God is an infinite sphere, the centre of which is everywhere, the circumference nowhere – Book of the 24 philosophers

God is an immortal man, man is a mortal god – Corpus Hermeticum

‘Hermes, star of Alexandria’ – The Golden Builders, Tobias Churton

Written down in Alexandria some 2,000 years ago, the works attributed to the legendary Hermes Trismegistus are still read and studied today and continue to inspire poets, novelists and artists. To name only two: Sigmar Polke’s Hermes Trismegistus I-IV, acquired by Museum De Pont in Tilburg, Dan Brown’s Inferno: both works were directly inspired by the ‘thrice-greatest’ philosopher. In Dan Brown’s 2013 novel, Robert Langdon encounters Hermes Trismegistus as he reads the enigmatic Emerald Tablet; Polke (1941-2010), one of Germany’s most celebrated modern painters, reworked the famous representation of Hermes Trismegistus in the floor mosaic of Siena’s Cathedral into a contemporary artwork. 

What is it about the works attributed to Hermes Trismegistus that they still appeal today? ‘That which is above, is like that which is below’, is one of the most pregnant lines of the Emerald Tablet, referring to the close bond between the macrocosm and the microcosm. In the Renaissance, when the Corpus Hermeticum was ‘redisovered’  and translated from Greek into Latin (first edition Treviso 1471), Hermetic thought led to a redefinition of man’s place in the universe. Renaissance readers could read already in the first treatise of the Corpus Hermeticum that man is ‘twofold; mortal because of body, but immortal because of the essential man’. But reading the works of Hermes Trismegistus also made them realize that ‘All religions are one’, as William Blake would later write. A spiritualist like Sebastian Franck told his readers he had read the Hermetic works with great enthusiasm as Hermes Trismegistus:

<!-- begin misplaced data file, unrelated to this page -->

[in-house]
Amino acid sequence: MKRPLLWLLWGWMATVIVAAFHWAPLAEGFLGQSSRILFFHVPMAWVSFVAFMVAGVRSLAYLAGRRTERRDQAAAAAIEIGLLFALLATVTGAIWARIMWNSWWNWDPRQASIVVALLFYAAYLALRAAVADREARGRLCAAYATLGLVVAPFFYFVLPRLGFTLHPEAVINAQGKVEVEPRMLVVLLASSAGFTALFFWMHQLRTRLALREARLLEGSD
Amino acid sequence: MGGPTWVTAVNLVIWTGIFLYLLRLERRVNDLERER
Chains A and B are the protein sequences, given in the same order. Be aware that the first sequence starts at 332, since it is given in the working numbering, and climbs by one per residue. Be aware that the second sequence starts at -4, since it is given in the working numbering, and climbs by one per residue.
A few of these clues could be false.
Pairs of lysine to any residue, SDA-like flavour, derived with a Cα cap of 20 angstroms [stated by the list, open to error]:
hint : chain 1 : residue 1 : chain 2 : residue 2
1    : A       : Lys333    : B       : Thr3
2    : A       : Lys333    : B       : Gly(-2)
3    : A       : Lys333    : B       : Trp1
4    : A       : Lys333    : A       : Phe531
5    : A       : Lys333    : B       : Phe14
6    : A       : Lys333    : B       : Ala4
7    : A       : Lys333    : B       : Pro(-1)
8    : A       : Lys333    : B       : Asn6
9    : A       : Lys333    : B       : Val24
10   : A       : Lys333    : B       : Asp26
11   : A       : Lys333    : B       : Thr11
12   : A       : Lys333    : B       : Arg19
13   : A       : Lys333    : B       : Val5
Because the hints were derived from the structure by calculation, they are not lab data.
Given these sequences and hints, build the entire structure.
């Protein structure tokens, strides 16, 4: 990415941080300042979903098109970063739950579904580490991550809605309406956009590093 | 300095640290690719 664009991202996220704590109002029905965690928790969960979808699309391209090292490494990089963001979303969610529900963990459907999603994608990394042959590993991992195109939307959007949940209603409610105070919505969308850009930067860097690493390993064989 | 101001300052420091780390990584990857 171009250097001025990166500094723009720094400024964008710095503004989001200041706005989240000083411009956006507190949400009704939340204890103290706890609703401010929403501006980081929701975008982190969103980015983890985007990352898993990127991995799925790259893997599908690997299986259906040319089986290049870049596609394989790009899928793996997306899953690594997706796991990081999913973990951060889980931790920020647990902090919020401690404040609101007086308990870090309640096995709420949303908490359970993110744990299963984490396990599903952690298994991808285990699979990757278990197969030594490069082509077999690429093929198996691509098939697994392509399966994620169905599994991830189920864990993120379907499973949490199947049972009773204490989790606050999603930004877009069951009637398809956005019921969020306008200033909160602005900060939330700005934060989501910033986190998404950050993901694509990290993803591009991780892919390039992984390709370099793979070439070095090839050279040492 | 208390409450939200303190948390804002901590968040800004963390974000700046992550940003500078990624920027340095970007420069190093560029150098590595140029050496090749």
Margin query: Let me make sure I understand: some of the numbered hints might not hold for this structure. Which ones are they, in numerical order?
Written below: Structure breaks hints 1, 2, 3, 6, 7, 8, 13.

… contains everything within him which is necessary to know for a Christian, described so masterfully, as ever did Moses or any prophet; with it I have learnt, that the impartial God (who does not regard any person, but he who is righteous amongst all peoples and fears the Lord, he is agreeable to Him) is also the pagans’ God, and has always been so.

It led to a fascination with the works of Hermes Trismegistus which persists to this day.

The Emerald Tablet and the Corpus Hermeticum are not the only works attributed to Hermes Trismegistus. Alchemy, philosophy, magic, astrology, medicine: they are only a few of the fields covered by this most versatile of legendary philosophers.